U.S. Infant Mortality Rates Finally Dropping Again: Report
After years of no change, overall rate declined 12 percent from 2005 to 2011
WEDNESDAY, April 17, 2013 (HealthDay News) -- After five years of leveling off, the U.S. infant mortality rate is finally on the decline again, a new government report shows.
Infant mortality rates dropped 12 percent from 2005 to 2011, largely because of headway that has been made against four of the five leading causes of infant death, including birth defects, preterm birth and Sudden Infant Death Syndrome (SIDS). The rate went from 6.87 deaths per 1,000 live births in 2005 to 6.05 deaths per 1,000 live births in 2011.
Although the new data did not look at why these reductions are occurring, many factors are likely at play, said study author Dr. Marian MacDorman, a statistician at the National Center for Health Statistics (NCHS). For example, there has been a crackdown on elective deliveries prior to a certain gestational age, which has reduced the number of babies born too early. If a child is born before 37 weeks of pregnancy, the birth is considered "preterm." Such infants typically experience more health problems than babies who are born at term.
The rates of babies dying from SIDS dropped 20 percent from 2005 to 2011, and the rates of infant death due to congenital defects fell by 6 percent during the same timeframe, the report showed. Rates of infant mortality related to preterm birth and maternal complications fell 9 percent and 7 percent, respectively.
Despite the good news in the report, which was published in the April issue of the NCHS Data Brief, more work is needed, MacDorman said.
"Even though we do have a decline, preterm birth rates are much higher than in other countries, and the same is true with infant mortality," MacDorman said. In addition, there is still a gap in mortality rates between infants born to black and white mothers.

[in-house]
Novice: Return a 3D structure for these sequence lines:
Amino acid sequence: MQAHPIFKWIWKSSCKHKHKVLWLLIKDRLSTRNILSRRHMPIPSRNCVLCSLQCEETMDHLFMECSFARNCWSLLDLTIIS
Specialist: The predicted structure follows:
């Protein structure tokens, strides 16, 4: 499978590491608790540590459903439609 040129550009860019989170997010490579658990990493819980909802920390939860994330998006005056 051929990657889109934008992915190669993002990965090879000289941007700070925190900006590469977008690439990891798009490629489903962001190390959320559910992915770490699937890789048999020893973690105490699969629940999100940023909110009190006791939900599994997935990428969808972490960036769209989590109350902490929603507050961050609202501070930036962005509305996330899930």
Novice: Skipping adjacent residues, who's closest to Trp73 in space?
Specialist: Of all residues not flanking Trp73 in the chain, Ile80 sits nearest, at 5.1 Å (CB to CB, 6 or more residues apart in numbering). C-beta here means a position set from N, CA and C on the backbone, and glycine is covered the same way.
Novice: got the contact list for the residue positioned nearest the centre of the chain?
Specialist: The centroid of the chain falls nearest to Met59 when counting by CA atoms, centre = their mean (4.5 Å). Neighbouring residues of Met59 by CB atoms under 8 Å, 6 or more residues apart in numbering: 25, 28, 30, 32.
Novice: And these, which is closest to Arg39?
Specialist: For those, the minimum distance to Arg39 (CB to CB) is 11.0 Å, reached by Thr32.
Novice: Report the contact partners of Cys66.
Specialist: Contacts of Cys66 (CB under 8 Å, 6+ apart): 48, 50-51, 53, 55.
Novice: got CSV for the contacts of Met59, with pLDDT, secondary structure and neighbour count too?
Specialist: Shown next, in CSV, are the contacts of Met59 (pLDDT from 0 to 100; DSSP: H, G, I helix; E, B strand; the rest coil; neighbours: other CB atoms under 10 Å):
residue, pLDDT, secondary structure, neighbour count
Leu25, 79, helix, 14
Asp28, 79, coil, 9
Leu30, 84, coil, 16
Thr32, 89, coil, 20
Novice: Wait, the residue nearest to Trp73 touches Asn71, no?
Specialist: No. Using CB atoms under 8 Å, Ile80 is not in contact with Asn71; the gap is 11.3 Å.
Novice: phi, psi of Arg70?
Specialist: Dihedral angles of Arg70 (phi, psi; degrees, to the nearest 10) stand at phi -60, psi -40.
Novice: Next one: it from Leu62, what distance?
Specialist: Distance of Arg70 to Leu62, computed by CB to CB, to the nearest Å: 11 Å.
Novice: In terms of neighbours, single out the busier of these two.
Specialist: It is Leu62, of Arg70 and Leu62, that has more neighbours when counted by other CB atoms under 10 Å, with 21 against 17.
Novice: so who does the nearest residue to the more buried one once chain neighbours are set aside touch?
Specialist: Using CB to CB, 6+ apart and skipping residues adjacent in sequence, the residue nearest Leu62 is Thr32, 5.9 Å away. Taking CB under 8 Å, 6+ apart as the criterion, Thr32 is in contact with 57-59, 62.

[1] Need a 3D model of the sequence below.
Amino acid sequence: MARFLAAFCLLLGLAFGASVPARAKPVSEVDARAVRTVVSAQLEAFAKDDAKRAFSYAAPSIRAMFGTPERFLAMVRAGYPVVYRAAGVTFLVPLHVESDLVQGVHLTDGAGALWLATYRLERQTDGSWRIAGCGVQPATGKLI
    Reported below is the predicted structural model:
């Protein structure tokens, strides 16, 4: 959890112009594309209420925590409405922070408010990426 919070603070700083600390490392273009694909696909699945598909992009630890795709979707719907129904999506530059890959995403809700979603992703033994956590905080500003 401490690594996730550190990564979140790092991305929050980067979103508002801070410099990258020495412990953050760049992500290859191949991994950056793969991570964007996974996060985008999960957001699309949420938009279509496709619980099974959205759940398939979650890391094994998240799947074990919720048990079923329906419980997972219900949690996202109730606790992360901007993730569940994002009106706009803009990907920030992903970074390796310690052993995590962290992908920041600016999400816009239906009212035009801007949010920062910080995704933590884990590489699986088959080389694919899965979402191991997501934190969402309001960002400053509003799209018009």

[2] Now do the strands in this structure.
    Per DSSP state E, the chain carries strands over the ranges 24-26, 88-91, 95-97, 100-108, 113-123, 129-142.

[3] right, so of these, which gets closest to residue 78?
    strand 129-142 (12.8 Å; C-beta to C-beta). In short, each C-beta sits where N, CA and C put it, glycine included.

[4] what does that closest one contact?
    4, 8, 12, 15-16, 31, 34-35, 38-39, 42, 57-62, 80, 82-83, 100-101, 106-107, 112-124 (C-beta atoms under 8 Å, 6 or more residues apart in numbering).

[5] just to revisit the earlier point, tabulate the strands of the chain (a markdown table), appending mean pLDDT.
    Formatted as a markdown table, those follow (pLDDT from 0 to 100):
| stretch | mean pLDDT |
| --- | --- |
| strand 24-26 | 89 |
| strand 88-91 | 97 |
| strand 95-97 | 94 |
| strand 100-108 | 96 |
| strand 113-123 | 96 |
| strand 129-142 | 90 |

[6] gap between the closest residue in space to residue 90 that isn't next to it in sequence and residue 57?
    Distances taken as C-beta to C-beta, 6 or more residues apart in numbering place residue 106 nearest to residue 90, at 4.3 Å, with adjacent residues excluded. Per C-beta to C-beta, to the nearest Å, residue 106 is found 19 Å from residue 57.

"Infant mortality among blacks is about twice what it is for white women," MacDorman said. However, "the decline in infant mortality among blacks is more rapid than seen with whites, so it may be that the gap is narrowing."
Dr. Jeffrey Biehler, a pediatrician at Miami Children's Hospital, said there will likely be even greater improvements in infant death rates in the United States in the coming years. The rate of SIDS has declined largely due to public-awareness campaigns on the importance of putting babies on their backs to sleep, he said.
What's more, the care that babies get after birth has improved dramatically, Biehler said.
Many conditions are now diagnosed before babies are born, so all of the necessary precautions are in place by the time of delivery, he said. Prenatal care also is getting better.
"We need to continue to advocate for prenatal care for every woman, and make sure they are educated so they know to seek care as early as possible and avoid smoking and alcohol and other things that put them and their babies at risk," Biehler said.
Dr. Lamia Soghier, a neonatologist at Children's National Medical Center in Washington, D.C., said the push for better prenatal care is definitely paying off.
"It starts with the mom, and goes all the way through," she said. "Obstetricians are doing a fabulous job of reducing elective deliveries before 37 weeks too."
Better prenatal care also is contributing to earlier identification of babies with potential health issues. "We are better prepared in the delivery room to take care of those babies, which can make a difference in outcome," Soghier said.
Dr. Vincent Bonagura, professor of pediatrics at the Alexandra and Steven Cohen Children's Medical Center of the North Shore-Long Island Jewish Health System, in Great Neck, N.Y., agreed that care and diagnosis is improving, which is allowing more babies to survive and thrive.
"We know now if a baby will need surgery or medical therapy even before they are born," he said. What's more, advances in newborn screening are also helping to diagnose and treat life-threatening illnesses earlier, he added.
Learn more about infant mortality at the U.S. Centers for Disease Control and Prevention.